Science is slow. You can do things like continue a conversation with yourself (and a few commenters) that started in 2005. Which is what I’m now going to do 🙂 The below is probably a trivial observation for one of the cardinals, but I find it kind of interesting.

Let’s begin by recalling the setup. Toom’s rule is a cellular automata rule for a two dimensional cellular automata on a square grid. Put +1 and -1’s on the vertices of a square grid, and then use the following update rule at each step: “Update the value with the majority vote of your own state, the state of your neighbor to the north, and the state of your neighbor to the east.” A few steps of the rule are shown here with +1 as white and -1 as blue:

As you can see Toom’s rule “shrinks” islands of “different” states (taking away such different cells from the north and east sides of such an island.) It is this property which gives Toom’s rule some cool properties in the presence of noise.

So now consider Toom’s rule, but with noise. Replace Toom’s update rule with the rule followed by, for each and every cell a noise process. For example this noise could be to put the cell into state +1 with p percent probability and -1 with q percent probability. Suppose now you are trying to store information in the cellular automata. You start out at time zero, say, in the all +1 state. Then let Toom’s rule with noise run. If p=q and these values are below a threshold, then if you start in the +1 state you will remain in a state with majority +1 with a probability that goes to one exponentially as a function of the system size. Similarly if you start in -1. The cool thing about Toom’s rule is that this works not just for p=q, but also for some values of p not equal to q (See here for a picture of the phase diagram.) That is there are two stable states in this model, even for biased noise.

Contrast Toom’s rule with a two dimensional Ising model which is in the process of equilibriating to temperature T. If this model has no external field applied, then like Toom’s rule there is a phase where the mostly +1 and the mostly -1 states are stable and coexist. These are from zero temperature (no dynamics) to a threshold temperature T, the critical temperature of the Ising model. But, unlike in Toom’s rule, if you now add an external field, which corresponds to a dynamics where there is now a greater probability of flipping the cell values to a particular value (p not equal to q above), then the Ising model no longer has two stable phases.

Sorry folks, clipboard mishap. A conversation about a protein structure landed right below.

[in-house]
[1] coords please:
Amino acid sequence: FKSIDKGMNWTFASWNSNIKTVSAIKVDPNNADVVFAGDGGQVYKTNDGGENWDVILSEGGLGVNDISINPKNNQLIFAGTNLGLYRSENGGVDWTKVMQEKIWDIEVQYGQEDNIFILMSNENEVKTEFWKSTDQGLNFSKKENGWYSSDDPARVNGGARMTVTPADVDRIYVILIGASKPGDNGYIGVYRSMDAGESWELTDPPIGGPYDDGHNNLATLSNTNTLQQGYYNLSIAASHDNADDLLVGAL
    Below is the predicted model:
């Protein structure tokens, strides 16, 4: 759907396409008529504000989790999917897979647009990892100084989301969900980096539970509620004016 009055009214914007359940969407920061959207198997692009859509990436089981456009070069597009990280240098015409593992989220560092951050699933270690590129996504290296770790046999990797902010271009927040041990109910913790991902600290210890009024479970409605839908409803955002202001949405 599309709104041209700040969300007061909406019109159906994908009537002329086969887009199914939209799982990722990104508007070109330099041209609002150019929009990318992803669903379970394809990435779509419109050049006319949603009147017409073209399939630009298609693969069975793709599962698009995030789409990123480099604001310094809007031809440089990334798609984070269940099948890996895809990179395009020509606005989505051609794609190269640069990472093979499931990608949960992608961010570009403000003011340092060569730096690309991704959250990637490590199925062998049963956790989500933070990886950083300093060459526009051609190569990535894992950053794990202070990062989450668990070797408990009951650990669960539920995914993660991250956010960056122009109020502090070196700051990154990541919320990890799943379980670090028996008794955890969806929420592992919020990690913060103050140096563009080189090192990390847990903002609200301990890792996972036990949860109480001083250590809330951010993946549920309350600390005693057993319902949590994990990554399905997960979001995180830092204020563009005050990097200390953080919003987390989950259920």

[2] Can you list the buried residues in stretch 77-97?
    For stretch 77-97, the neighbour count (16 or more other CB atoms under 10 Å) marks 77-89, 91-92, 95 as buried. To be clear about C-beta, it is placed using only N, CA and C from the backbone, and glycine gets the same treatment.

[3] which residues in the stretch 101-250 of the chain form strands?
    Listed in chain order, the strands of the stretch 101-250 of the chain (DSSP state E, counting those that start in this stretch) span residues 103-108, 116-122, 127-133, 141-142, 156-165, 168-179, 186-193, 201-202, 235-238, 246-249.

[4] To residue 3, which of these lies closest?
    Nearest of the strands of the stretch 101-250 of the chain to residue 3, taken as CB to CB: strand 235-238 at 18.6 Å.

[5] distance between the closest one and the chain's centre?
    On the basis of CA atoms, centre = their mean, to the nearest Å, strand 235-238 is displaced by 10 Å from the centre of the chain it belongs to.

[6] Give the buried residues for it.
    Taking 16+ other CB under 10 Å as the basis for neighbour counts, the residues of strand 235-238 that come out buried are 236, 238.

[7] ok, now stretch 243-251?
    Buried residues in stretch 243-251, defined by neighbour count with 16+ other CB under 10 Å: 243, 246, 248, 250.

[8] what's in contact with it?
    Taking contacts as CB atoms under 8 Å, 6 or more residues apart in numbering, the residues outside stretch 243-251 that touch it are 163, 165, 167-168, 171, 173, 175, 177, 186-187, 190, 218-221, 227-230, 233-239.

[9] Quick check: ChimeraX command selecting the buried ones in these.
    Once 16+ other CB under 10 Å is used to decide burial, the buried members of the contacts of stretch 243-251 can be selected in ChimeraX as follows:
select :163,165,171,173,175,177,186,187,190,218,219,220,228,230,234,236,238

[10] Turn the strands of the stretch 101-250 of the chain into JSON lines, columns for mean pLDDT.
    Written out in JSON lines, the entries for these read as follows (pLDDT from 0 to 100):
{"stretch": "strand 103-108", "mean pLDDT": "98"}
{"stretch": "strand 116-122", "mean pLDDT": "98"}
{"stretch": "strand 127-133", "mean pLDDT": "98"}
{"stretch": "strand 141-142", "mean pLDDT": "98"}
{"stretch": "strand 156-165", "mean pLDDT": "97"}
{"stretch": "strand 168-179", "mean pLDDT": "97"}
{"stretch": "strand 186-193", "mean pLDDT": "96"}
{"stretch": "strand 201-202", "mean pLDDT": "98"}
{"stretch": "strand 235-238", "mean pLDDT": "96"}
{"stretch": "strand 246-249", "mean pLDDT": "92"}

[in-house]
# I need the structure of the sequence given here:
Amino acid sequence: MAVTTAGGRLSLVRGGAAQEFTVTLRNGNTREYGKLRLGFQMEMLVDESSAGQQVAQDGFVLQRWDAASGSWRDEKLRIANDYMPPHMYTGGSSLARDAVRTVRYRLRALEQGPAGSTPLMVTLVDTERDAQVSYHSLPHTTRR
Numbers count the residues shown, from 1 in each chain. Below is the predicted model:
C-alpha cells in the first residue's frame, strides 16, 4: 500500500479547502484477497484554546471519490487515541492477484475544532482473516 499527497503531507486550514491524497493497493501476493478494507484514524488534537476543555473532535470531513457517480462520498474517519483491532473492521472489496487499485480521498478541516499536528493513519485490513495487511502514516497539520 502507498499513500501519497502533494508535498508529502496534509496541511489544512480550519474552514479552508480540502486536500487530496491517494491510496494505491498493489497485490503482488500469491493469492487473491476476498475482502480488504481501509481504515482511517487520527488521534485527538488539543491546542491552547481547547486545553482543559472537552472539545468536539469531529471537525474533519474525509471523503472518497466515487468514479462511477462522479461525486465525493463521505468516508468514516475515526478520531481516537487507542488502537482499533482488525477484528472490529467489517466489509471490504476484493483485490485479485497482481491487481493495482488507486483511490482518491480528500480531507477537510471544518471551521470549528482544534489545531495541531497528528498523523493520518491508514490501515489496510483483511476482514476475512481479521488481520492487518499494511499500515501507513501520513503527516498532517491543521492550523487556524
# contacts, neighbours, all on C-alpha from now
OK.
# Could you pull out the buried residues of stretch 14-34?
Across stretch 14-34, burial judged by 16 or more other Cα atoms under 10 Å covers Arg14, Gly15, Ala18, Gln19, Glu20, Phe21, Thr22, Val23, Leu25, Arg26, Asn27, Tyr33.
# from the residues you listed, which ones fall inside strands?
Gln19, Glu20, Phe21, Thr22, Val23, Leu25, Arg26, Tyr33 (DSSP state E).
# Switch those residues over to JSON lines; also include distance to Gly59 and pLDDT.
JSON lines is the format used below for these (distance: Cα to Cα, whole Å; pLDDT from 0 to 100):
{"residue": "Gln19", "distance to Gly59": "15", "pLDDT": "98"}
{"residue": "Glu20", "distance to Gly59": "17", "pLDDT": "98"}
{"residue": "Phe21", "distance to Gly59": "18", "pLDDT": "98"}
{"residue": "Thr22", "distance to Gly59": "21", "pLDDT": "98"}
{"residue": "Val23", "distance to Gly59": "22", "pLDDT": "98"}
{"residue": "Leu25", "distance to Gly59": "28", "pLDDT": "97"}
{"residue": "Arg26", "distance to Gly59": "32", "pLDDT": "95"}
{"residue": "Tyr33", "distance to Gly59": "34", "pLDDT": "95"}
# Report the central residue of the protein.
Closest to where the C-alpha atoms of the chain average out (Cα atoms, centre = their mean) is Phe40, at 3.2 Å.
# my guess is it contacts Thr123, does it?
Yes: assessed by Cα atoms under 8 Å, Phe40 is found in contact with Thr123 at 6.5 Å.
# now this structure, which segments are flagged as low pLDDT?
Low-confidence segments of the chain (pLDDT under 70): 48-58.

In fact there is a general argument that if you look at a phase diagram as a function of a bunch of parameters (say temperature and applied magnetic field strength in this case), then the places where two stable regimes can coexist has to be a surface with one less dimension than your parameter space. This is known as Gibbs’ phase rule. Toom’s rule violates this. It’s an example of a nonequilibrium system.

So here is what is puzzling me. Consider a three dimensional cubic lattice with +1,-1 spins on its vertices. Define an energy function that is a sum over terms that act on the spins on locations (i,j,k), (i+1,j,k), (i,j+1,k), (i,j,k+1) such that E = 0 if the spin at (i,j,k+1) is in the correct state for Toom’s rule applied to spins (i,j,k), (i+1,j,k), and (i,j+1,k) and is J otherwise. In other words the terms enforce that the ground state locally obey’s Toom’s rule, if we imagine rolling out Toom’s rule into the time dimension (here the z direction). At zero temperature, the ground state of this system will be two-fold degenerate corresponding to the all +1 and all -1 state. At finite temperature this model well behave as a symmetric noise Toom’s rule model (see here for why.) So even at finite temperature this will preserve information, like the d>2 Ising model and Toom’s CA rule.

But since this behaves like Toom’s rule, it seems to me that if you add an external field, then this system is in a bit of paradox. On the one hand, we know from Gibb’s phase rule, that this should not be able to exhibit two stable phases over a range of external fields. On the other hand, this thing is just Toom’s rule, laid out spatially. So it would seem that one could apply the arguments about why Toom’s rule is robust at finite field. But these contradict each other. So which is it?